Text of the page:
Hopefully you’ll love this idea as much as I do! I wish I could take credit for thinking of it myself. A colleague shared an article about it on a district collaboration board and I was really glad I decided to click on it.
I’ll share a link to the article at the end of my post, but for now I’ll just fill you in.
What grabbed my attention in the title of the article was “Unique Reading Log.” It caught my eye because my three-year-old currently has a reading log as part of her homework in preschool. Yes, you heard that right. My THREE year old has homework. Man, starting ‘em young!
Here’s what her Reading Log looks like:
Like many reading logs, it requires writing down book titles and how many minutes were read for each day of the week. This particular one also asks who the child read with and to answer the question “Did you like what you read? Why or why not?”
I completely understand the good intentions of her wonderful teacher to promote accountability and encourage reading at home. I’m being honest when I say that my daughter and I read together on a daily basis and enjoy it, but I’d be lying if I said that I enjoy trying to remember the titles of Daniel Tiger books as I fill out all twenty (yes, count ’em…twenty) of those boxes.
Speaking as a teacher instead of a parent now, I haven’t assigned a Reading Log for homework in many years. I know there are many different kinds and you may even use one in your class that is very effective, but I personally haven’t found one that I thought was meaningful for my own students.
Until now [cue trumpets]!! This alternative Reading Log lists a wide variety of practical and worthwhile ideas for reading opportunities outside the classroom. I don’t usually care to make political references, but I just feel like this reading log helps “Make Reading Fun Again.” Here is a small sample of activities it has to choose from:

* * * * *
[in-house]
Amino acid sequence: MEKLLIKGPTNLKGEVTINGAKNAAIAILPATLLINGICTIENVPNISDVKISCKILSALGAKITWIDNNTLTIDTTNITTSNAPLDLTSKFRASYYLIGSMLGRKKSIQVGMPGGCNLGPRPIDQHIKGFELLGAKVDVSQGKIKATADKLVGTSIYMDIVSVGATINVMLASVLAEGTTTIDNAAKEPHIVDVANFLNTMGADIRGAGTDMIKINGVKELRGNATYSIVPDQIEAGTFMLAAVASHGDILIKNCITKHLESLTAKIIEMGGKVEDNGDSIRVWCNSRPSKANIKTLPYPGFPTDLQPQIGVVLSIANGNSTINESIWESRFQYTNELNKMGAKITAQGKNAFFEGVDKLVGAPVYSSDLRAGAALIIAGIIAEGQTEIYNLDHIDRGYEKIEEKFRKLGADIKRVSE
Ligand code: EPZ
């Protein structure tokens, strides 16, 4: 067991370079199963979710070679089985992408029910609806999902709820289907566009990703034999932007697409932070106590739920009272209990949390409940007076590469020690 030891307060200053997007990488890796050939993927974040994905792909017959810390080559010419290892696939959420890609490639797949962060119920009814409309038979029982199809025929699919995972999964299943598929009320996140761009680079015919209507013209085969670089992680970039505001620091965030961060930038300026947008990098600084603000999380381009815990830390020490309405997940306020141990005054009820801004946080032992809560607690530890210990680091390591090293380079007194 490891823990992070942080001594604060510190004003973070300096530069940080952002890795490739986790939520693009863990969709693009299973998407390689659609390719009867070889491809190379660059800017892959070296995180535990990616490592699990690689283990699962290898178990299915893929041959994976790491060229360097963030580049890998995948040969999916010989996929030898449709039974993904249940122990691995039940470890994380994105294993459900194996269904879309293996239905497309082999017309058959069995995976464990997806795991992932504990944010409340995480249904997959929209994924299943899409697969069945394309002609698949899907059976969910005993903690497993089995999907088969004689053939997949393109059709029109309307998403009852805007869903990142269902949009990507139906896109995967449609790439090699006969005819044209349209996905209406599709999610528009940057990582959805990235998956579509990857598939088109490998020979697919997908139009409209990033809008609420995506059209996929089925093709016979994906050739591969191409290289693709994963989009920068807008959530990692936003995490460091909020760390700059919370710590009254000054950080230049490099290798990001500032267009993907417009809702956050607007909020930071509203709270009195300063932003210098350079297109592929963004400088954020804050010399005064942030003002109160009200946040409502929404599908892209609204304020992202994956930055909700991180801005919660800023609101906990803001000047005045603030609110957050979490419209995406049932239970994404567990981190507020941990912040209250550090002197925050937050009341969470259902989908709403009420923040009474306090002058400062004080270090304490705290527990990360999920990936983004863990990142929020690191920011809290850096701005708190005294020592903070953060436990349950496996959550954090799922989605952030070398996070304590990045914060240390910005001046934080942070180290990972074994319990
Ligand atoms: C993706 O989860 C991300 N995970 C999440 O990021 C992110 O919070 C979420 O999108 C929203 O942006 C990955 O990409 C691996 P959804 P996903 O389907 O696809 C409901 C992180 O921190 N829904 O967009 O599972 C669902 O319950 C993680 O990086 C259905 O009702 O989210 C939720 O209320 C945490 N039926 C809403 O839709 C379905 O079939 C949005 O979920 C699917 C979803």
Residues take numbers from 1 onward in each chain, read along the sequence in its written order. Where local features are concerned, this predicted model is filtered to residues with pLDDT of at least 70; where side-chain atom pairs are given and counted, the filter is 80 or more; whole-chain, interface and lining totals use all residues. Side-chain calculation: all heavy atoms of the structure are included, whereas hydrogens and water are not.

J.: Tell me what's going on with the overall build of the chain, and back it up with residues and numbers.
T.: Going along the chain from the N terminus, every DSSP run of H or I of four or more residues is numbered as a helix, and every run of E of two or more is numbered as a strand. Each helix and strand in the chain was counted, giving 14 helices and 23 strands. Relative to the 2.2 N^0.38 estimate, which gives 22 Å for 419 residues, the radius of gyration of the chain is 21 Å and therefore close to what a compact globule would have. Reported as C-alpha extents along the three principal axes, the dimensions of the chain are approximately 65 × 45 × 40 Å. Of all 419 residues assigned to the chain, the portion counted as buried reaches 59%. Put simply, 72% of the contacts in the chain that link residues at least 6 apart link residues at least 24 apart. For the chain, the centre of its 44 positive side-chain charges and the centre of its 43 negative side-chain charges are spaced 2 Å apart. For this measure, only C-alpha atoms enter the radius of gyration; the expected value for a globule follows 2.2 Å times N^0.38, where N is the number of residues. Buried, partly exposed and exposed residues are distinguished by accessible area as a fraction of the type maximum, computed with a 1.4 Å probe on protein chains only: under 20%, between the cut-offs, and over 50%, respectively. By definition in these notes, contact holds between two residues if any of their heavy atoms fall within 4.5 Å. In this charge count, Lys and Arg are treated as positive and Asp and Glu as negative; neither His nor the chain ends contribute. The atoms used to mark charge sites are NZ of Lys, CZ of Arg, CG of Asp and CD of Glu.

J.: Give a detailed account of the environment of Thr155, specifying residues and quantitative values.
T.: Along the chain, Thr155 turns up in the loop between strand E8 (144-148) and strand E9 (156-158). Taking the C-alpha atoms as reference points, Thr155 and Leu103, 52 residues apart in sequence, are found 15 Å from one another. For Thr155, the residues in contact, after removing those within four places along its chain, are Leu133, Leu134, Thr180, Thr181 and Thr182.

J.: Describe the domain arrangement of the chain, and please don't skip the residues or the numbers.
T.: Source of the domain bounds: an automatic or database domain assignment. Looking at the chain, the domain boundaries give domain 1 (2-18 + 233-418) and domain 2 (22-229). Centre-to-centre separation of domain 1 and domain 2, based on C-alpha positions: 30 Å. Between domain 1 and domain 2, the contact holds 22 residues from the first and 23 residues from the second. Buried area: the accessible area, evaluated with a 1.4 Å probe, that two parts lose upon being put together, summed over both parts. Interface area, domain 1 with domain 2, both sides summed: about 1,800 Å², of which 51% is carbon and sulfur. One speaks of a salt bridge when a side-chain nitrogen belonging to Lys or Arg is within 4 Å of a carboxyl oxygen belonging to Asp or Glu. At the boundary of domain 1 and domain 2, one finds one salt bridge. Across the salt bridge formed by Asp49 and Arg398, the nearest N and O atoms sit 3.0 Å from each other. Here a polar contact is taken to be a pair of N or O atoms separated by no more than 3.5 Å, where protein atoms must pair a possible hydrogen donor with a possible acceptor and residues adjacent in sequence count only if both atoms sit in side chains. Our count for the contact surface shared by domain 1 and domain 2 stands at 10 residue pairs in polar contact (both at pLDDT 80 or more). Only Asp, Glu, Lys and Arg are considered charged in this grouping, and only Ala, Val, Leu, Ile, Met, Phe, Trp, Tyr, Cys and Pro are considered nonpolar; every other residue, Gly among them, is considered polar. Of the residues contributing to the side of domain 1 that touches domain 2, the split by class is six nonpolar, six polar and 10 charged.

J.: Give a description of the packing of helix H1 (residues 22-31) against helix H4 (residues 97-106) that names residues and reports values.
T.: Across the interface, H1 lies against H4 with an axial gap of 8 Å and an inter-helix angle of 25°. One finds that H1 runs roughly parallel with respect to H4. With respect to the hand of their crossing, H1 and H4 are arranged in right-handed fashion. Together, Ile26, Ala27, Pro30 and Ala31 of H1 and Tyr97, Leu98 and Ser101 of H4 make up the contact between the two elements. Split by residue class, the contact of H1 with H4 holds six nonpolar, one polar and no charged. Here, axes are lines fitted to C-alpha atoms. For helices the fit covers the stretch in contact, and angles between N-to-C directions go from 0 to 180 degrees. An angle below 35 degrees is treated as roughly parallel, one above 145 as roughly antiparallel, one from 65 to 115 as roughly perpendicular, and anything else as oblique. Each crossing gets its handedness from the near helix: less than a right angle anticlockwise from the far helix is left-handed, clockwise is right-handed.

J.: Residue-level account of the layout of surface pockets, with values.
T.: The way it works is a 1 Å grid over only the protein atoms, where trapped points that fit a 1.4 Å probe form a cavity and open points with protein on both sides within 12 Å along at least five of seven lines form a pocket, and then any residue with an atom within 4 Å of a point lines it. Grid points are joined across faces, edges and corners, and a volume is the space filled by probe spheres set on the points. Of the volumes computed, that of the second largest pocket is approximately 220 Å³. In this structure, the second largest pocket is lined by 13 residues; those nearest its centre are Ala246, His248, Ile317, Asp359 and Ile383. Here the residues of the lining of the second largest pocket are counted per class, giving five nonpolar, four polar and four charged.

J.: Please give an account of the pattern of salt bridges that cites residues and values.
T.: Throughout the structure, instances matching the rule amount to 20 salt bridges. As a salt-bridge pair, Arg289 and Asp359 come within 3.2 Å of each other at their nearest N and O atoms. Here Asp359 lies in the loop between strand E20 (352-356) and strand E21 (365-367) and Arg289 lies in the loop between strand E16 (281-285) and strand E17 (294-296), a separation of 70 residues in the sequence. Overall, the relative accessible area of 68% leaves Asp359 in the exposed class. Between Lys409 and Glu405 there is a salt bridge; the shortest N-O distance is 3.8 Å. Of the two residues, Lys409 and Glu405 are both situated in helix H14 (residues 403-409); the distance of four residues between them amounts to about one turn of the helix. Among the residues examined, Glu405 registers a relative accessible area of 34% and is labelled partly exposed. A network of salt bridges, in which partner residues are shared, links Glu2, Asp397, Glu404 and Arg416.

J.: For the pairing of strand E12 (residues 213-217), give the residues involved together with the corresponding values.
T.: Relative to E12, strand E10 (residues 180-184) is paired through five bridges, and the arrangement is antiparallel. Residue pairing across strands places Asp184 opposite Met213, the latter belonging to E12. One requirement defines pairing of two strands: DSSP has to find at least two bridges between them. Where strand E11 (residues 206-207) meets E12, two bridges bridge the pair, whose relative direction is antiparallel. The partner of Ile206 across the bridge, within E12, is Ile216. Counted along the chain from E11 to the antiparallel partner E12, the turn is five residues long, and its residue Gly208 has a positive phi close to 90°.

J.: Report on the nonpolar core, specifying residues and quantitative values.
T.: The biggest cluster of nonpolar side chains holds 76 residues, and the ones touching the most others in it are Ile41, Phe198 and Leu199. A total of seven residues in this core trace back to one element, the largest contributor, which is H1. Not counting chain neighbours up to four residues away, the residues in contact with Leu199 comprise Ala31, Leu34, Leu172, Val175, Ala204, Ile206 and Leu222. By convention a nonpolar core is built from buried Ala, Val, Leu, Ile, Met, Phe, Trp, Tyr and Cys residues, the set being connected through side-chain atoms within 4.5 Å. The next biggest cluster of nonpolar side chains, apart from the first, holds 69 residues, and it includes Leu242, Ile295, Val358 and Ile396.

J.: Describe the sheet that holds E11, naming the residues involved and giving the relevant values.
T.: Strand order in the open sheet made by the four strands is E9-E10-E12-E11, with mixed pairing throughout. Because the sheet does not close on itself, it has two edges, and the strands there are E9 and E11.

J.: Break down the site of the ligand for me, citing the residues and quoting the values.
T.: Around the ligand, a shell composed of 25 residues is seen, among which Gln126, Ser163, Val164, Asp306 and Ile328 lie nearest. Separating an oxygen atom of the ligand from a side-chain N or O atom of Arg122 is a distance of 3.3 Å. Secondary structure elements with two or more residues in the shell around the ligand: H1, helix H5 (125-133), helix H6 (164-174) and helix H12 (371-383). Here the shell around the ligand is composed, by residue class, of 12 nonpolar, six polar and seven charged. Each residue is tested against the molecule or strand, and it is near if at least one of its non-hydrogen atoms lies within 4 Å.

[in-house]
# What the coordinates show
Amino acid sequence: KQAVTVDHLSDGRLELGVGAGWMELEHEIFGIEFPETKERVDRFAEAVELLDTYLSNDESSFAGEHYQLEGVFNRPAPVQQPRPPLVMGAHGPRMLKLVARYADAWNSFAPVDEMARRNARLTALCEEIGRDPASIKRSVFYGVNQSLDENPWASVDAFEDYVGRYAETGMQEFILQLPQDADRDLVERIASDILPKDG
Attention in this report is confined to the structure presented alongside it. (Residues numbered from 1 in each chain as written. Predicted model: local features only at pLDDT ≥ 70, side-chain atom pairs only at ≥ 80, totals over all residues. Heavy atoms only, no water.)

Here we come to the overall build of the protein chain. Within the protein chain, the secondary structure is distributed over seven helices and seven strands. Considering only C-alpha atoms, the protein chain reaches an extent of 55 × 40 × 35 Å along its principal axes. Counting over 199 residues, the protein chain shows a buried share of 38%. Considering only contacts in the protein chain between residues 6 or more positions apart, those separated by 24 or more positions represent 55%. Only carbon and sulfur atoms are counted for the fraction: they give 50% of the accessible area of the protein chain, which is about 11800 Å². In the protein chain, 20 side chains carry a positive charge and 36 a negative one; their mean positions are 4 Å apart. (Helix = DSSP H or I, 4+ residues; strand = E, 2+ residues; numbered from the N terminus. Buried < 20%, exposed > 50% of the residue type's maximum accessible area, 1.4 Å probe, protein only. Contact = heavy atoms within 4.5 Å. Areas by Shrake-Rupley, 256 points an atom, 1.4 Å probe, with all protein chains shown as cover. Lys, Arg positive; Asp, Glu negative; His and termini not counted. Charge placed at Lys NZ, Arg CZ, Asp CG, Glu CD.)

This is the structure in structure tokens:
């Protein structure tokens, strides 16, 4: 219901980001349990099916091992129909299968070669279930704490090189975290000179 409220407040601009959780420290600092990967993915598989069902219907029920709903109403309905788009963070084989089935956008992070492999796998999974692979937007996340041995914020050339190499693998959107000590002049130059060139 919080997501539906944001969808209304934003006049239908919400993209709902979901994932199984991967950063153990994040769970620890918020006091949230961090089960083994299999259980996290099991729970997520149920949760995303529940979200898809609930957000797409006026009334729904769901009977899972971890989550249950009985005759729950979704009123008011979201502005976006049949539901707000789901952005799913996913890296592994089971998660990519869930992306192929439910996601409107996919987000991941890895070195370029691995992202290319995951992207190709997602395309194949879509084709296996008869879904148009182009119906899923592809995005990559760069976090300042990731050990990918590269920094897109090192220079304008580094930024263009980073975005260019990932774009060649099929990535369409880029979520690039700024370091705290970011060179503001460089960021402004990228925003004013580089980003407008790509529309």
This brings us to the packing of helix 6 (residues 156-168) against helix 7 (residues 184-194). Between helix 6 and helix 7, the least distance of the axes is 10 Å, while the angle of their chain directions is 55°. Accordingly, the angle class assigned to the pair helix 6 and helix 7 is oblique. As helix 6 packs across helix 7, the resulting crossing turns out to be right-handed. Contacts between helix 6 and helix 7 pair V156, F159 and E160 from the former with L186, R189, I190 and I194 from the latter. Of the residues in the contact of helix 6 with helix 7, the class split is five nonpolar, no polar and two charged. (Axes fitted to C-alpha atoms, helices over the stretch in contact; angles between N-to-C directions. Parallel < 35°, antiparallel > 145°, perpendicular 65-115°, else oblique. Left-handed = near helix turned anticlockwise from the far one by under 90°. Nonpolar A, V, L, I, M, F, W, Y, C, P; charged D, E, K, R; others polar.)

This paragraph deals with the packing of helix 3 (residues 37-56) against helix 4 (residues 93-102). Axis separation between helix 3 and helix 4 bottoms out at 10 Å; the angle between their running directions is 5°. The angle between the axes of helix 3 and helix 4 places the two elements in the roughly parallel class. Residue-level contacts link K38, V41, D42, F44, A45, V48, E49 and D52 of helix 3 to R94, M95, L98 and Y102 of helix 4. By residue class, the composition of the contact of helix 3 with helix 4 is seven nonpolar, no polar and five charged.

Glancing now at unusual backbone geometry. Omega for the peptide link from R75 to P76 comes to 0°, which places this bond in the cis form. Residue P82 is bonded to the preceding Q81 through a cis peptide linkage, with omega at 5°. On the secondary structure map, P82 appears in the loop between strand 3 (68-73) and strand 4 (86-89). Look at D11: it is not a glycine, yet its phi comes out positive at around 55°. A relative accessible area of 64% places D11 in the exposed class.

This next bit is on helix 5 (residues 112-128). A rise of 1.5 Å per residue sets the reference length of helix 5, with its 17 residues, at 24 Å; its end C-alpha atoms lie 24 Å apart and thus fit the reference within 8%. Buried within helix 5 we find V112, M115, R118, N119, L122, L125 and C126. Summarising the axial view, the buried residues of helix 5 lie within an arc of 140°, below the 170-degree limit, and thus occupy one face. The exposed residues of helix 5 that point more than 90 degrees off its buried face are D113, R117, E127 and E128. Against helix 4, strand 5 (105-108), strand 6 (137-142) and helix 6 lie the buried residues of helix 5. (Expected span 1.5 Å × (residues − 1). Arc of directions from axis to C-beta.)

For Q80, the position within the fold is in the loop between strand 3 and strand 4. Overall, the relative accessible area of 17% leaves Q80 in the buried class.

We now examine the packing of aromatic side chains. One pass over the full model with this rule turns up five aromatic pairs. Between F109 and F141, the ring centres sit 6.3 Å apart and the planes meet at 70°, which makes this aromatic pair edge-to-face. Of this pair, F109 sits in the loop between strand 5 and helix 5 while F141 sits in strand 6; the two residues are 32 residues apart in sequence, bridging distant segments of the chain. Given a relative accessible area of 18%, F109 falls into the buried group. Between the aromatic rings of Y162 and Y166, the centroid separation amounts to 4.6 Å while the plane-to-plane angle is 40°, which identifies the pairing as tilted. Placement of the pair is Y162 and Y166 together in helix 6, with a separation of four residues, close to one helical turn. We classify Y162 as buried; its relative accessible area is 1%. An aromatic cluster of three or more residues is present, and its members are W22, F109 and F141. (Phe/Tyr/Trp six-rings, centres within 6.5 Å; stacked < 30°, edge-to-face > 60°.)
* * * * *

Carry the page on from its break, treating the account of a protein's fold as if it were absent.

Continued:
One of the choices that’s listed is “Read in Planes, Trains, or Automobiles.” My girls enjoyed doing that one on our trip to Seattle:
So if this were my daughter’s reading log, we would then get to place a check mark or tally marks in the box:
And THAT’S IT. This reading log doesn’t require any busy work on the part of students (or parents)! It only requires reading…anything, anywhere, any way, with anyone, and for any length of time.
You could manage this a number of ways, but here’s just a suggestion. While I would encourage my students to try to check off a variety of different boxes, I wouldn’t plan on giving them any awards or incentives for how many boxes they’ve checked off.
The former teacher and literacy specialist who created this Reading Log, Ekuwah Moses, was quoted in the article:
“We are simply listing habits of lifelong readers and providing a choice. Lifelong readers do not read for prizes, count pages, or write titles of books. Rather, readers who read for pleasure enjoy reading on the go, select a variety of materials, enjoy sharing or comparing thoughts with others, and are always on the hunt for the next thrill.”
I created this Parent Letter to send home with families. It tells how the Reading Log works, and it also explains the reasoning behind it so that they can get on board with helping to raise a lifelong reader.
How often you would distribute a new copy of the Reading Log (i.e., weekly, monthly) and whether or not you’d choose to collect it from students on a regular basis would be up to you! Do what works for you and your class.
Now the best part…it’s for FREE!
And if you’d like to read another parent’s take on all of this, here is the article that inspired me (it’s from one of my favorite parenting websites, Scary Mommy).